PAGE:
There is a proposed 10-year plan that would start with launching a drone like those the Air Force uses. More advanced models would follow until they are ready to build one that can launch a small satellite into orbit. A wedge-shaped aircraft with scramjets would be launched horizontally on an electrified track or gas-powered sled. The aircraft would fly up to Mach 10, using the scramjets and wings to lift it to the upper reaches of the atmosphere where a small payload canister or capsule similar to a rocket’s second stage would fire off the back of the aircraft and into orbit. The aircraft would come back and land on a runway by the launch site.
* The launcher would reach at least 600 miles per hour over the course of two miles in Stanley Starr’s proposal.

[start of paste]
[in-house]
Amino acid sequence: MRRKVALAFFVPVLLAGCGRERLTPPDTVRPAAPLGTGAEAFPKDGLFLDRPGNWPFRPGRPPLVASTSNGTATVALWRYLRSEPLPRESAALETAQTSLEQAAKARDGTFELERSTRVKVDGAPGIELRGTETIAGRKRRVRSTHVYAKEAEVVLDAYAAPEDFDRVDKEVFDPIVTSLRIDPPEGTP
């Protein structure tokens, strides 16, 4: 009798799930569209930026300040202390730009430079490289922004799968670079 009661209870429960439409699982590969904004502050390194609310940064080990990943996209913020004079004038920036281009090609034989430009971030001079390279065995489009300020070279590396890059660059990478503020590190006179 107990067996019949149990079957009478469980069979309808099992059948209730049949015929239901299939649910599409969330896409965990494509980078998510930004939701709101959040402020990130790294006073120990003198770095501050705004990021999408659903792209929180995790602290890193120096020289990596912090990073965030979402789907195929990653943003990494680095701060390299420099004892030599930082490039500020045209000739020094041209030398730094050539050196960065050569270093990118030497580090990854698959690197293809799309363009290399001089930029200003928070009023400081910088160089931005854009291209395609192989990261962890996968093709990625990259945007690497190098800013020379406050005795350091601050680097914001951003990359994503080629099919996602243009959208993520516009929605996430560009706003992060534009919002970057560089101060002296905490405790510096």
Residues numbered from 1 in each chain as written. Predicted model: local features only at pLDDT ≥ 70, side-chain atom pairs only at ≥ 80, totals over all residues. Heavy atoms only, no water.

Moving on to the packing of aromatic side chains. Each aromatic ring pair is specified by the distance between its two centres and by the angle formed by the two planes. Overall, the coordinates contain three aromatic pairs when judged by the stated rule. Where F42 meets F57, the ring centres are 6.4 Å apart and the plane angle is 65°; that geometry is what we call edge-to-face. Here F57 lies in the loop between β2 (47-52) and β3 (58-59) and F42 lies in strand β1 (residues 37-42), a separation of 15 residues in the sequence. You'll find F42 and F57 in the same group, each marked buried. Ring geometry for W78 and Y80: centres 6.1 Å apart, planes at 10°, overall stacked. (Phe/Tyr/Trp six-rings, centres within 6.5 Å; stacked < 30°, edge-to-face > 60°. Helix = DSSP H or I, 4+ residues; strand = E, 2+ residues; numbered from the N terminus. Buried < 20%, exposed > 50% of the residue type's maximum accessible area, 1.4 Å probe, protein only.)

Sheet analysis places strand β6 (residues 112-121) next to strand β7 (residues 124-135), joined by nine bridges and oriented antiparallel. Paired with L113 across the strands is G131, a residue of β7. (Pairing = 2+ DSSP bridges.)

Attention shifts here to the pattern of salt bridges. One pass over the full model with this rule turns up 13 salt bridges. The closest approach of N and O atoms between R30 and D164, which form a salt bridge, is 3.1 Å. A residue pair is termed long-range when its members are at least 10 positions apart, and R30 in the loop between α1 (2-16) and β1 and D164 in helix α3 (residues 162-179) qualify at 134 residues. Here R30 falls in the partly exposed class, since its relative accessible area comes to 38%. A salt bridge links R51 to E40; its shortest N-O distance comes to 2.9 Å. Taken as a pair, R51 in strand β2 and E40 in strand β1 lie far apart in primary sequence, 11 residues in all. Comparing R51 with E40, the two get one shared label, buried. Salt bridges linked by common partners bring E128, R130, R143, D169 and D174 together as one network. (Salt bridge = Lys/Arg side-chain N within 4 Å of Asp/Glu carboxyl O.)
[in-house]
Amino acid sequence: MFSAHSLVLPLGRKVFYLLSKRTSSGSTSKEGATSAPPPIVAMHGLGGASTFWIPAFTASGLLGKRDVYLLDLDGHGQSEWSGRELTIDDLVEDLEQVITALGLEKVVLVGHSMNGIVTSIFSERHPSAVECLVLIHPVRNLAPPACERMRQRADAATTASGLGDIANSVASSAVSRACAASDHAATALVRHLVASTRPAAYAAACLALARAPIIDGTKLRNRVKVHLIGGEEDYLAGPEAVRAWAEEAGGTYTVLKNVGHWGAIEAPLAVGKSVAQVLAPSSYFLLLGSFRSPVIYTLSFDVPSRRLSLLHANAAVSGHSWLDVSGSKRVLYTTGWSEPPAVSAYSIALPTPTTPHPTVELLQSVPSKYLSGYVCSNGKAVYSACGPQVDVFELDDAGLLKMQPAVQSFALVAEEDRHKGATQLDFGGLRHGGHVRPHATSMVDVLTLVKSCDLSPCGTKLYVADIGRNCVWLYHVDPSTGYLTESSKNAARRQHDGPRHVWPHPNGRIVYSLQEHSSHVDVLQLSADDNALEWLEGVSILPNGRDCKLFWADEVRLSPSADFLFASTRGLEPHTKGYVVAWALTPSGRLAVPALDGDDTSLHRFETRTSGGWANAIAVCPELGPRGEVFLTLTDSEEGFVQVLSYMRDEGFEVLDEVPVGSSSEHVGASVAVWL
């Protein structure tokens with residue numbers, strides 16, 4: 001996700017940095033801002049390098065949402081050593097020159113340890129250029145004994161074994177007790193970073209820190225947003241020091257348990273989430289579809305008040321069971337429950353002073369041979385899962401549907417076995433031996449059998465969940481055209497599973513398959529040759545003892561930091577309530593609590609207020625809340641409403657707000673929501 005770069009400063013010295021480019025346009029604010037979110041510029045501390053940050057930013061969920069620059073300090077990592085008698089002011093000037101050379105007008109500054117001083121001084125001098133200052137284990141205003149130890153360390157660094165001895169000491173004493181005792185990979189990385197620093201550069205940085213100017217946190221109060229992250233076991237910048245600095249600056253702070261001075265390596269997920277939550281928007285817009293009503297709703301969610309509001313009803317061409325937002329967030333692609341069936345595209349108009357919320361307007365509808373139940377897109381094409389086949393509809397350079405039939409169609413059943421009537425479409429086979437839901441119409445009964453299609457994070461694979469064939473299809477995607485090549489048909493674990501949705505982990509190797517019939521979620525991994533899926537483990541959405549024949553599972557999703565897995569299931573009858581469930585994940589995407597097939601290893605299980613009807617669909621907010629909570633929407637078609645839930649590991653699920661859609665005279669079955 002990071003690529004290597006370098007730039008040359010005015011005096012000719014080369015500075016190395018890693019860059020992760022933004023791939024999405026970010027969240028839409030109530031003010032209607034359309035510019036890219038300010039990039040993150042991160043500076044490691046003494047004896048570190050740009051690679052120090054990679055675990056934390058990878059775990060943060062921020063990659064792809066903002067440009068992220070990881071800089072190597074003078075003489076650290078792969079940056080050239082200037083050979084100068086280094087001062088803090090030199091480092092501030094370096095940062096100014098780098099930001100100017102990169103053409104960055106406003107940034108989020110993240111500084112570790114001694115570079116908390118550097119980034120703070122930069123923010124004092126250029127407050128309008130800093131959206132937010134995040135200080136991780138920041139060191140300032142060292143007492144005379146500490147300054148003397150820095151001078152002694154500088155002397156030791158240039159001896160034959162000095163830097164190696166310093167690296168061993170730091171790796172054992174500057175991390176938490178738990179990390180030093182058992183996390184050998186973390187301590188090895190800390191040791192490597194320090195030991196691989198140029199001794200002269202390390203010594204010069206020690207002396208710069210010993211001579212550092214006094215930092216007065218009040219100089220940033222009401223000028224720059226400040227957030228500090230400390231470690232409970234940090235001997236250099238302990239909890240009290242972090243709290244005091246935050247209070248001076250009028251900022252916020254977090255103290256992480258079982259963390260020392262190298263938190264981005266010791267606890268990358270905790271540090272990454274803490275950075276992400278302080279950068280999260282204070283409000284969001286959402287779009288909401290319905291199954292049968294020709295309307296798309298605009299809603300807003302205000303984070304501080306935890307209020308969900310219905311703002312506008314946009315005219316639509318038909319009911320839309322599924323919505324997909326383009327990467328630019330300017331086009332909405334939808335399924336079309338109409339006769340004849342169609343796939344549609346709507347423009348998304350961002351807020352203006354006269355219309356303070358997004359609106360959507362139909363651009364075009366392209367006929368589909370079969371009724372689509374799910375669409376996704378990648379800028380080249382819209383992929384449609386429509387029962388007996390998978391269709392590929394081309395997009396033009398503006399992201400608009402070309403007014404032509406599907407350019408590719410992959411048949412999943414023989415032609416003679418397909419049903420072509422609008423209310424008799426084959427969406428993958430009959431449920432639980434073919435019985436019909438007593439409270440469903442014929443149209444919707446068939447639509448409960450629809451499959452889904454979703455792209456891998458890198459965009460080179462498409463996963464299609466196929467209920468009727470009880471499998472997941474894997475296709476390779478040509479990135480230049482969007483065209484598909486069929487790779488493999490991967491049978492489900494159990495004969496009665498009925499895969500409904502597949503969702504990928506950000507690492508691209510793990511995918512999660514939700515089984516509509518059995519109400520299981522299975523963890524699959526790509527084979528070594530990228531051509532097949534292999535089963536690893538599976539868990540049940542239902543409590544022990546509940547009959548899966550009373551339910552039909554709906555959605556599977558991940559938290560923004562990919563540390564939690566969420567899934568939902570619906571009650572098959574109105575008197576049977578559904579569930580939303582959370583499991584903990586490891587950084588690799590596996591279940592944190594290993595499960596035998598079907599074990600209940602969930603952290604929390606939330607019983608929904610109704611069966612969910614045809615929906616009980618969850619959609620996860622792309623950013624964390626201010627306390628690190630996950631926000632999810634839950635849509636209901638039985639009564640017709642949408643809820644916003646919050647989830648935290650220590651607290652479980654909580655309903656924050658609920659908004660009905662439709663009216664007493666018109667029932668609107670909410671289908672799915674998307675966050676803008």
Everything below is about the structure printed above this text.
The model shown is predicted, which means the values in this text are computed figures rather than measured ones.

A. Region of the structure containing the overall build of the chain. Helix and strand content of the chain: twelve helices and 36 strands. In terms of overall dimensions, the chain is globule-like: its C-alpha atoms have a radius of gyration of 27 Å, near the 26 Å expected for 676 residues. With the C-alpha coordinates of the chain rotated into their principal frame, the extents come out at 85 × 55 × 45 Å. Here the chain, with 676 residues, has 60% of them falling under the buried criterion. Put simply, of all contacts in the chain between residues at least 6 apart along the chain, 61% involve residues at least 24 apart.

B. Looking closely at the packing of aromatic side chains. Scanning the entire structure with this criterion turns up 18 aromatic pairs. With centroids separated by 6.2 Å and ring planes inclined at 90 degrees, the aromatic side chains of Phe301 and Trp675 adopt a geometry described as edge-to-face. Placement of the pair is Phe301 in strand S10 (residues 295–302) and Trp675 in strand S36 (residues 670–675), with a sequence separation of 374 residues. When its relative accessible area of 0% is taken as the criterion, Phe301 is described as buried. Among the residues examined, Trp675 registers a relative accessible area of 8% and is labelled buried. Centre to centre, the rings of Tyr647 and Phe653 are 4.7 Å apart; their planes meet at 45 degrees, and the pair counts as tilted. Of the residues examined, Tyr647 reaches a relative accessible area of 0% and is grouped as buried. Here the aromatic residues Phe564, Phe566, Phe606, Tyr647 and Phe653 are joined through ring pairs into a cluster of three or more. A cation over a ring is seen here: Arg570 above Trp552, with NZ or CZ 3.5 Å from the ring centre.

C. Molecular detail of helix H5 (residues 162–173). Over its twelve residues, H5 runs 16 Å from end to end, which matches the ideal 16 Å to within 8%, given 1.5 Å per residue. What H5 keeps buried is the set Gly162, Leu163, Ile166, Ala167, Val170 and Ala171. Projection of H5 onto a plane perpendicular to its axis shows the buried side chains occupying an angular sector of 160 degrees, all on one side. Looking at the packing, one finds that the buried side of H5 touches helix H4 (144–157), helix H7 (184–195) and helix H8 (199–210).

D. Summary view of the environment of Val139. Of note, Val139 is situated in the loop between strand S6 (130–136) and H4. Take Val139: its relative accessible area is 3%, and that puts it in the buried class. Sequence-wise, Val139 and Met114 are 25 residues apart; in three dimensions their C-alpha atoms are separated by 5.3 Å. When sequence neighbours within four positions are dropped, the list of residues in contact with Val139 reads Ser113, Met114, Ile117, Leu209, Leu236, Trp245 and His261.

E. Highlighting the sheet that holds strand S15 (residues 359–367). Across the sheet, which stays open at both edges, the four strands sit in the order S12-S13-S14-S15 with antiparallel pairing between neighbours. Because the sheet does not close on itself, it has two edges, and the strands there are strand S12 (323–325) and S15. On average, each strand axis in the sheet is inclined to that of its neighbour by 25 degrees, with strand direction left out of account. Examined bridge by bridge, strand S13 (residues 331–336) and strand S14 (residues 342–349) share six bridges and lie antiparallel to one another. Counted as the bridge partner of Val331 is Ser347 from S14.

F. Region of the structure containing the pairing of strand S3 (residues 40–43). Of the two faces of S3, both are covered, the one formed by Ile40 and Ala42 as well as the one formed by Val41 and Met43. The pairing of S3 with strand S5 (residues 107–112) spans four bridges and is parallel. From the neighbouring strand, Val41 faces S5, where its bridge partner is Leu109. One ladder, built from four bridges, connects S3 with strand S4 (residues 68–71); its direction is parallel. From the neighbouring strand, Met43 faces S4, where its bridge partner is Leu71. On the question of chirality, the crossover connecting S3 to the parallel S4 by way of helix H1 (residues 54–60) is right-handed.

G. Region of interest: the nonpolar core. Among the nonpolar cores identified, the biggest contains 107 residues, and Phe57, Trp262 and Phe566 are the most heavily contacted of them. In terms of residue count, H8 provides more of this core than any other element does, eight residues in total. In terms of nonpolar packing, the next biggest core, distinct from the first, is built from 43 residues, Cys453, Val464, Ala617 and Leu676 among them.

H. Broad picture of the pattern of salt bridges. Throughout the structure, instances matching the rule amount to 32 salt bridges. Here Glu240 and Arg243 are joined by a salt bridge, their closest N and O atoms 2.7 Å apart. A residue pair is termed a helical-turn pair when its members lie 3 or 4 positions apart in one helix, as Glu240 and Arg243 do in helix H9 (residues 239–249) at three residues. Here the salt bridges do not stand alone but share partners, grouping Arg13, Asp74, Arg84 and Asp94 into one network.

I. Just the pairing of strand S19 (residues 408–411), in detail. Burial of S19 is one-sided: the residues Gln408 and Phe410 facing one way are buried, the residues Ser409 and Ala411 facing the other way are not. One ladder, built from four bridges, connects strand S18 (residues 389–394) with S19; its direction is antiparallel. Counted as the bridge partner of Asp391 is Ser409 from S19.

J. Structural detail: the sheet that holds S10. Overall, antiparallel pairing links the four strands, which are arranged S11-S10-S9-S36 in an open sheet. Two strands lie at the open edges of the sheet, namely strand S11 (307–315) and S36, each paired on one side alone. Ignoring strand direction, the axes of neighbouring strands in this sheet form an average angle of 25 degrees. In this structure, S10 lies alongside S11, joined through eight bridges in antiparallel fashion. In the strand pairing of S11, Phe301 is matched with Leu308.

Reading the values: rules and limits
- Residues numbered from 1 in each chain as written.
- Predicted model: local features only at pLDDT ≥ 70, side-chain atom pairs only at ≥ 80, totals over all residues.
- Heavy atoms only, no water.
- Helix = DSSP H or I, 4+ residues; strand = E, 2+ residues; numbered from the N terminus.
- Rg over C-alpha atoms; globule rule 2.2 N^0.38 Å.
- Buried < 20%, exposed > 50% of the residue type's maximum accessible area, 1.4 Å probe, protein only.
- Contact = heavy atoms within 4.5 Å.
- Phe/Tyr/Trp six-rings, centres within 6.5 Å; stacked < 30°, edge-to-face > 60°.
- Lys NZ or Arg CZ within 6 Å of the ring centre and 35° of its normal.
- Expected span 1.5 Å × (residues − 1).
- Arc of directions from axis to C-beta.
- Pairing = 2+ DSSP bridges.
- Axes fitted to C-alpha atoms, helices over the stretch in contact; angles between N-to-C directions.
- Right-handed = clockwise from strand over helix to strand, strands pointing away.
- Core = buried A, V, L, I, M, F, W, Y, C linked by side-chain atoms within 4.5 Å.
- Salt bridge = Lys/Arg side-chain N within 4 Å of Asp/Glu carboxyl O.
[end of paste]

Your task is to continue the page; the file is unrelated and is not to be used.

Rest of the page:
Stanley Starr, Kennedy Space Center
NASA’s Stan Starr, branch chief of the Applied Physics Laboratory at Kennedy, points out that nothing in the design calls for brand-new technology to be developed. However, the system counts on a number of existing technologies to be pushed forward. A rail launcher study using gas propulsion already is under way, but the team is applying for funding under several areas, including NASA’s push for technology innovation, but the engineers know it may not come to pass. The effort is worth it, however, since there is a chance at revolutionizing launches.